Those who have read my occasional posts here may have a fair estimate
of my skill level by now. For those that don't, I've clawed my way up
to "weekend handyman".
I have noticed that my miter saw is probably not quite square,
especially vertically. I also have access to an older table saw which
similarly could use some adjustment. So what tool should I use? An
engineer's square? Set-up blocks? Some sort of gauge? Any
recommendations for something of reasonable cost that is commensurate
with my level of skill and time constraints?
An engineers square is an invaluable tool for any woodworker.
A set of 3 can be had at a decent price. The specs aren't as important
as you'd think. For woodworking, it's either square or it's not. I'm not
concerned with +/-.003 per length vs. +/-.001 per length. That's not
even half the width of a scribe line.
For precision set-up of a table saw a miter slot jib made with a cheap
machinist's dial indicator is needed to really fine tune everything on
the saw. But you really only need to do it one time, then again any time
you go move it or bang it around some how. The dial indicator jig is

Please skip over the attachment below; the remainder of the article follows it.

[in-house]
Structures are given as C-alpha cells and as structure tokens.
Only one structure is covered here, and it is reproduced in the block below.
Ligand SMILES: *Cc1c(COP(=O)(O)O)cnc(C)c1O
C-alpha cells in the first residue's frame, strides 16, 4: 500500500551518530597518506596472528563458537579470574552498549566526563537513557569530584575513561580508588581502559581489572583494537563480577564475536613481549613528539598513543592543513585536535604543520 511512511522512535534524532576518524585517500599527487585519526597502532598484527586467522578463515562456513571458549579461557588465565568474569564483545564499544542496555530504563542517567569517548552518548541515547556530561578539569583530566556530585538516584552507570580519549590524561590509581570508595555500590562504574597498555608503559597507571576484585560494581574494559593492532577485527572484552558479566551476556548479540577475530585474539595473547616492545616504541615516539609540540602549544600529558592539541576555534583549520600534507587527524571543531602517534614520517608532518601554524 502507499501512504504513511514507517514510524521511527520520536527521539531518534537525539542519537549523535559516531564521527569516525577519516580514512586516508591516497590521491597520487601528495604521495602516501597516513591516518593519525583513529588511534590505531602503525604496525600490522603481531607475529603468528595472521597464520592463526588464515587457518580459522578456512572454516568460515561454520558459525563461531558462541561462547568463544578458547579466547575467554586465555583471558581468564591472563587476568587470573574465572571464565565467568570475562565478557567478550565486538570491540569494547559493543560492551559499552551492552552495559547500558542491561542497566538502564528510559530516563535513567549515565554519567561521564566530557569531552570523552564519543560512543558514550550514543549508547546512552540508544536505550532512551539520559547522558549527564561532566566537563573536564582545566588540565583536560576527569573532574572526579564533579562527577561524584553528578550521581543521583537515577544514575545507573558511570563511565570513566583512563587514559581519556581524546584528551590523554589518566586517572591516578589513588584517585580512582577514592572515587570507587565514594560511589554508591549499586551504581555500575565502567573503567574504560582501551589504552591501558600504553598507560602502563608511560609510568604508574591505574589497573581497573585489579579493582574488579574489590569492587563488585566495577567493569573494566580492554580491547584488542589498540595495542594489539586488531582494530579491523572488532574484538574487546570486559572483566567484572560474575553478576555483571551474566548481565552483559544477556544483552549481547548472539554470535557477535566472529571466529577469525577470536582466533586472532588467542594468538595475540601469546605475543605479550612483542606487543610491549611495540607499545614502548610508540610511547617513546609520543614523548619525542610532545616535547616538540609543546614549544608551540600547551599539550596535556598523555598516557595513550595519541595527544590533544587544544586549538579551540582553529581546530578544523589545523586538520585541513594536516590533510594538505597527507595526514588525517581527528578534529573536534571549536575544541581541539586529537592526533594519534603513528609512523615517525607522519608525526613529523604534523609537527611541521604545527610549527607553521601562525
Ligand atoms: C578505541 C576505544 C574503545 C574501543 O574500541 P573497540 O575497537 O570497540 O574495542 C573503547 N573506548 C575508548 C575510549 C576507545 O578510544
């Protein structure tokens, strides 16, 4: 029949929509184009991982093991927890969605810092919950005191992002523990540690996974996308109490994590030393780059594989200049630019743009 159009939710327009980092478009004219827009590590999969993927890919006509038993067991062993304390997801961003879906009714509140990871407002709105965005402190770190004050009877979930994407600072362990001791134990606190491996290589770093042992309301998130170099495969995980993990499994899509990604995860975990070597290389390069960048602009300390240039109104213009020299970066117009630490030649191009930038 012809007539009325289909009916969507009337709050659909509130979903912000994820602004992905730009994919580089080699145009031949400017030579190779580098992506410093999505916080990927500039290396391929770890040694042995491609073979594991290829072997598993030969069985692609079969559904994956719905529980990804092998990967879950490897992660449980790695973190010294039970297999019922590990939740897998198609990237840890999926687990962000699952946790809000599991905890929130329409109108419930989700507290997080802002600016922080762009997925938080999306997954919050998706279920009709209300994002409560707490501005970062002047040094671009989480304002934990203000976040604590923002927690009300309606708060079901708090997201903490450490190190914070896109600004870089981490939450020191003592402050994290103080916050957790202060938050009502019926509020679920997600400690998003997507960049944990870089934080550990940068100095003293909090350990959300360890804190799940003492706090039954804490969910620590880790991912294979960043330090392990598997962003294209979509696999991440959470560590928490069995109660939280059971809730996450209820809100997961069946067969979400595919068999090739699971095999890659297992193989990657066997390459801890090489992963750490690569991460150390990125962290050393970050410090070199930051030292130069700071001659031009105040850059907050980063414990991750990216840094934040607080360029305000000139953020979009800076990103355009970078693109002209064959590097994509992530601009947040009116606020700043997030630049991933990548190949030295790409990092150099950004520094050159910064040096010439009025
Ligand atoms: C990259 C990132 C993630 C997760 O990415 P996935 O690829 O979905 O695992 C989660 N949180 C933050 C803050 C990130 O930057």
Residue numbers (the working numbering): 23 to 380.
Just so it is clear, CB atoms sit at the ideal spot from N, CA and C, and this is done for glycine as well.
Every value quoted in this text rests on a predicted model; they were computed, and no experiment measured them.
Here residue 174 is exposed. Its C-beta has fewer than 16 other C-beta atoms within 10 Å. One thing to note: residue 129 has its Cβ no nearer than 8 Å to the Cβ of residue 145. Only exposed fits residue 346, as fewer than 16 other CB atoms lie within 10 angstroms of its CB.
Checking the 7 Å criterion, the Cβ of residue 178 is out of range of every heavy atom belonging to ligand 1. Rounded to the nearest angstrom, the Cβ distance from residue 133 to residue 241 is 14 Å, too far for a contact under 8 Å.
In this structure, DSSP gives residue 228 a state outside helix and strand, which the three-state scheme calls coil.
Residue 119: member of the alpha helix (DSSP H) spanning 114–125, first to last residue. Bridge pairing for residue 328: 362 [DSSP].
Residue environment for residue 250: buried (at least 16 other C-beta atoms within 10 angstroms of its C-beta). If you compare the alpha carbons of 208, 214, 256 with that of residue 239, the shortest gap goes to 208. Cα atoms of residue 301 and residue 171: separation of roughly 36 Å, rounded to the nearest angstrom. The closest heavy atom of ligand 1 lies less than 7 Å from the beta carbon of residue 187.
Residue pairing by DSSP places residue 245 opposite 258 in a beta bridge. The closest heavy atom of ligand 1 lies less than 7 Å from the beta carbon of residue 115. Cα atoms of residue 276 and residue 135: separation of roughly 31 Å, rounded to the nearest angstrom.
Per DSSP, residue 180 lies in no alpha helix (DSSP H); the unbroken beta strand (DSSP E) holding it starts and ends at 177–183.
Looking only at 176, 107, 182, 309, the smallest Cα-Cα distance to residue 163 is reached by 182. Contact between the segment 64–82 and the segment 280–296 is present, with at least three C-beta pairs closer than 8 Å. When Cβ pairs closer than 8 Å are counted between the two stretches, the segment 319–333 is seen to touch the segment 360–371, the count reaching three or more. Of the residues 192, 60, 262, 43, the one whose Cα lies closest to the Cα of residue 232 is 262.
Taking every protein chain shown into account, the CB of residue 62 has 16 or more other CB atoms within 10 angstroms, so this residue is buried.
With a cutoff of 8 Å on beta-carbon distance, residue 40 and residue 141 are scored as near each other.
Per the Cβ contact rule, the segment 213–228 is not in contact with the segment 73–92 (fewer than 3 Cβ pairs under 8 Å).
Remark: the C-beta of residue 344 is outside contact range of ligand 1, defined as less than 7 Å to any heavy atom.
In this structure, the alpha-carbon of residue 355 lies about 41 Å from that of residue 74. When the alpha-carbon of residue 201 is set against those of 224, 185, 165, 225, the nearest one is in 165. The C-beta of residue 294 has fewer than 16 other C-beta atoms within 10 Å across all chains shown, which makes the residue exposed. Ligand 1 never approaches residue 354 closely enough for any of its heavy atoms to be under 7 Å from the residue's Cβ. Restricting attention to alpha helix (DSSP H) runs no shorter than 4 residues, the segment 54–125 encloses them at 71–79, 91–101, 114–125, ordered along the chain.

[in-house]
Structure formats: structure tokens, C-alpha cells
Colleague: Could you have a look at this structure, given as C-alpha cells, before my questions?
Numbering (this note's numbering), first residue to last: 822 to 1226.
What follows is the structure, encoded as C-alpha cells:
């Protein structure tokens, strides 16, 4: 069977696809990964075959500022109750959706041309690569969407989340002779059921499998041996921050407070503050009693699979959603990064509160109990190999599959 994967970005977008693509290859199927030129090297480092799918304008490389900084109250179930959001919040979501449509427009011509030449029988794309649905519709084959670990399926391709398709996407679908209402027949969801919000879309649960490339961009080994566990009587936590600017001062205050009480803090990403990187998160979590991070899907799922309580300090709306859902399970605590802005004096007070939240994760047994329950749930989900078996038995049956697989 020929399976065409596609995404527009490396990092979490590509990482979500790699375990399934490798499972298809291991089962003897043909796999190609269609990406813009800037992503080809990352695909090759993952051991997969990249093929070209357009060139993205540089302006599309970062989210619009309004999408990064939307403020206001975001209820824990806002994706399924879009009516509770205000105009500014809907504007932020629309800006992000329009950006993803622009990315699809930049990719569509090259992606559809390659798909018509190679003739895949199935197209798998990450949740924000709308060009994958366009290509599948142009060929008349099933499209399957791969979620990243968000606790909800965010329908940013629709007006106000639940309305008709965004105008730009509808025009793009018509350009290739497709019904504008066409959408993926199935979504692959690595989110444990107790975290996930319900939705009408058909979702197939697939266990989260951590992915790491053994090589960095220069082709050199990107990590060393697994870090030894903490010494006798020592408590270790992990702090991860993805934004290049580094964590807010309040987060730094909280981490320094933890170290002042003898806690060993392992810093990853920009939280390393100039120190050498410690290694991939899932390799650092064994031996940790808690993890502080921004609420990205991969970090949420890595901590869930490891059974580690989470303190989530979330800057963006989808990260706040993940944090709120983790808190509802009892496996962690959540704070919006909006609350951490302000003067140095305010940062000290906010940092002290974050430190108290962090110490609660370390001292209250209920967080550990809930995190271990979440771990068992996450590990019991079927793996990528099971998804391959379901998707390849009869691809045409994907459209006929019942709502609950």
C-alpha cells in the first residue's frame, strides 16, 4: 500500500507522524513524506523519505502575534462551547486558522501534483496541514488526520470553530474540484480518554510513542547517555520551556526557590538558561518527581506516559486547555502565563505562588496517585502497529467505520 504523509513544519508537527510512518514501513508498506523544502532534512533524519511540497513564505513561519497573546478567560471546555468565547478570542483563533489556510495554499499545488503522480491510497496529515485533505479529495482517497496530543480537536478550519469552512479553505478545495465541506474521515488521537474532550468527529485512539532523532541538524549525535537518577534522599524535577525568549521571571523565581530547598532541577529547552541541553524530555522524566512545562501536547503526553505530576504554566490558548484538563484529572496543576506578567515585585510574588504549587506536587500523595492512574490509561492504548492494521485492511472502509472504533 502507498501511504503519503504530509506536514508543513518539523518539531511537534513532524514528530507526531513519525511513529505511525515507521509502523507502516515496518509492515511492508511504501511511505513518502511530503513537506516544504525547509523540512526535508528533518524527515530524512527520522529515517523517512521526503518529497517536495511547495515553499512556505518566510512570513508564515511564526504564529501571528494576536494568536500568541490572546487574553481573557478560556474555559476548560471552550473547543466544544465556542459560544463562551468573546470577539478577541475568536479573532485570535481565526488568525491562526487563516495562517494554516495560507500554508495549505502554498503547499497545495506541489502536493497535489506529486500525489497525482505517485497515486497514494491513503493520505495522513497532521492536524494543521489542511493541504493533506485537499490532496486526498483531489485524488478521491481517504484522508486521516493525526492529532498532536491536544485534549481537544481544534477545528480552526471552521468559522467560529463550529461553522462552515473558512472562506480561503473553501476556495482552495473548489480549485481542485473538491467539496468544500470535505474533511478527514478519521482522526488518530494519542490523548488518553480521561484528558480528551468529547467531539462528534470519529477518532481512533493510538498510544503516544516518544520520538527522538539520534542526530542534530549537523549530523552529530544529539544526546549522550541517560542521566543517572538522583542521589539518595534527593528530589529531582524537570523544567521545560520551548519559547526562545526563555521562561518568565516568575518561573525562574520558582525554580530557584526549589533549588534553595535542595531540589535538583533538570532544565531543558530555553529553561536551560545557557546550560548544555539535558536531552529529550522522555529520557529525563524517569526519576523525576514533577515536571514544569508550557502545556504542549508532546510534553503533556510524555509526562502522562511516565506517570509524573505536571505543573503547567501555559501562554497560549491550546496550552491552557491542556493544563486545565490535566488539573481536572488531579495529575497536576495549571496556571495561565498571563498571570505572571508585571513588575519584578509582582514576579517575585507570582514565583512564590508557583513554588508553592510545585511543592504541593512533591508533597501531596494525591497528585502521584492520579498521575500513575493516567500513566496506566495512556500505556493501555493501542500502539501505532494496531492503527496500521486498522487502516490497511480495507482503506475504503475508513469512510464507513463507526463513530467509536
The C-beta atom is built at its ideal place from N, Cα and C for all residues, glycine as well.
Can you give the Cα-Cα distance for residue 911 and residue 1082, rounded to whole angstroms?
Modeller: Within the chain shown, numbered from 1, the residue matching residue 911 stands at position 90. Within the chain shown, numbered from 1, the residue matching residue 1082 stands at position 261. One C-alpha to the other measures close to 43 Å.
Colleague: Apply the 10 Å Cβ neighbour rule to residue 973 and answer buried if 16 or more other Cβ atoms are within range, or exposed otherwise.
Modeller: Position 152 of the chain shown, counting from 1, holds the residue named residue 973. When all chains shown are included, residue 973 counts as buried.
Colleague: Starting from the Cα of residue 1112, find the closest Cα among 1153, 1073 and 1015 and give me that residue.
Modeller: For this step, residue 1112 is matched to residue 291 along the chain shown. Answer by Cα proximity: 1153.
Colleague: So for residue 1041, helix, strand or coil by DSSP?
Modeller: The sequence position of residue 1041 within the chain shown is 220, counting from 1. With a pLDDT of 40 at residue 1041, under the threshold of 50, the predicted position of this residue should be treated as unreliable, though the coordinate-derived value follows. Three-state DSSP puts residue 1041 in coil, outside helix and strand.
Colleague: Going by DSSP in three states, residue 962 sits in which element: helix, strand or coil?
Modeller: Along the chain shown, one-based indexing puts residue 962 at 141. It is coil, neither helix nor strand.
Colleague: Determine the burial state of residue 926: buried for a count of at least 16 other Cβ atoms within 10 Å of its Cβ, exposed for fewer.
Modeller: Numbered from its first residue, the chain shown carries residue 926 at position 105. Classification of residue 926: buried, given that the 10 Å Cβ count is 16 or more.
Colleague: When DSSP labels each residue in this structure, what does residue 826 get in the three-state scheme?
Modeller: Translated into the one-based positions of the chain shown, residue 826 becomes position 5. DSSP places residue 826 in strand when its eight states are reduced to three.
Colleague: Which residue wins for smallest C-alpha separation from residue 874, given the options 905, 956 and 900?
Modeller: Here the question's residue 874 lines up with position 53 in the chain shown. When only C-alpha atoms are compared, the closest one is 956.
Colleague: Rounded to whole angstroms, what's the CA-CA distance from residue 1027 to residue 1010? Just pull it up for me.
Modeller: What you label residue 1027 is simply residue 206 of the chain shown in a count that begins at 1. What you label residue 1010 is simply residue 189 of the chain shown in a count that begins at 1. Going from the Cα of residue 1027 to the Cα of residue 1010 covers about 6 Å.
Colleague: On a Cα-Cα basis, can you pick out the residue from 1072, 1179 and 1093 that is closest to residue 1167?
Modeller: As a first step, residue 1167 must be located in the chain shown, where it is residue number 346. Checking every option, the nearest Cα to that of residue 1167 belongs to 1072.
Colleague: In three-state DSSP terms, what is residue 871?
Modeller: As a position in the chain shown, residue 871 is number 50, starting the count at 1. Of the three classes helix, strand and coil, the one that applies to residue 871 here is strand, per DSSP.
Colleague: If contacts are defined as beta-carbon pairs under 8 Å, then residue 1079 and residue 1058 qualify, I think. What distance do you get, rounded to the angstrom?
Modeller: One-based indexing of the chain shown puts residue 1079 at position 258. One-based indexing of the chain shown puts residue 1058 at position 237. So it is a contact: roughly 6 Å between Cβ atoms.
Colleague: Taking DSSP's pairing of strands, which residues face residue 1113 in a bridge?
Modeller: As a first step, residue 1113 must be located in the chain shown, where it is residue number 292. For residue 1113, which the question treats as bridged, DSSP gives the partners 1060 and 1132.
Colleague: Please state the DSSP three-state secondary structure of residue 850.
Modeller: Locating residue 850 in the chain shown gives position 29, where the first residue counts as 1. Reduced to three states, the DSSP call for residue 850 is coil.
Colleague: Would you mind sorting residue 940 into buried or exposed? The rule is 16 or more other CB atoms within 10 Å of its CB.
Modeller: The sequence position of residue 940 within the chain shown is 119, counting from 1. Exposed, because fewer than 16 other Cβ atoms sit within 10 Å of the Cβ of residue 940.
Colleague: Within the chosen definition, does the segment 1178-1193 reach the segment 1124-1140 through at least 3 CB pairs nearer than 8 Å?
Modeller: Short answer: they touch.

nice to keep around for double checking the fence every few months.
"Playing is not something I do at night, it's my function in life"
Your miter gage and a piece of stock, say 2-1/2" x 12" x 3/4".
Cross cut the stock, then flip waste piece over and push the cut
surfaces together and miter gage face.
If no gap, blade is vertical.
If gap appears, adjust blade and repeat with another piece of stock.
May take 3-4 cuts to get there.
On Mon, 25 Jun 2012 17:37:24 -0700 (PDT), Greg Guarino
An engineer's square or 123 blocks are your best bet for the miter
saw. Build a dial indicator jig for the tablesaur. (see YouTube)
http://tinyurl.com/6oxgcco and a dozen others.
Always bear in mind that your own resolution to
succeed is more important than any one thing.
-- Abraham Lincoln
Also on youtube-
search for "wood whisperer table saw".
He has a two part series on Table saw
Setup/Tuneup (#55 & 56).
There's also one - "American Woodworker editor
Tom Caspar shows how to properly square a
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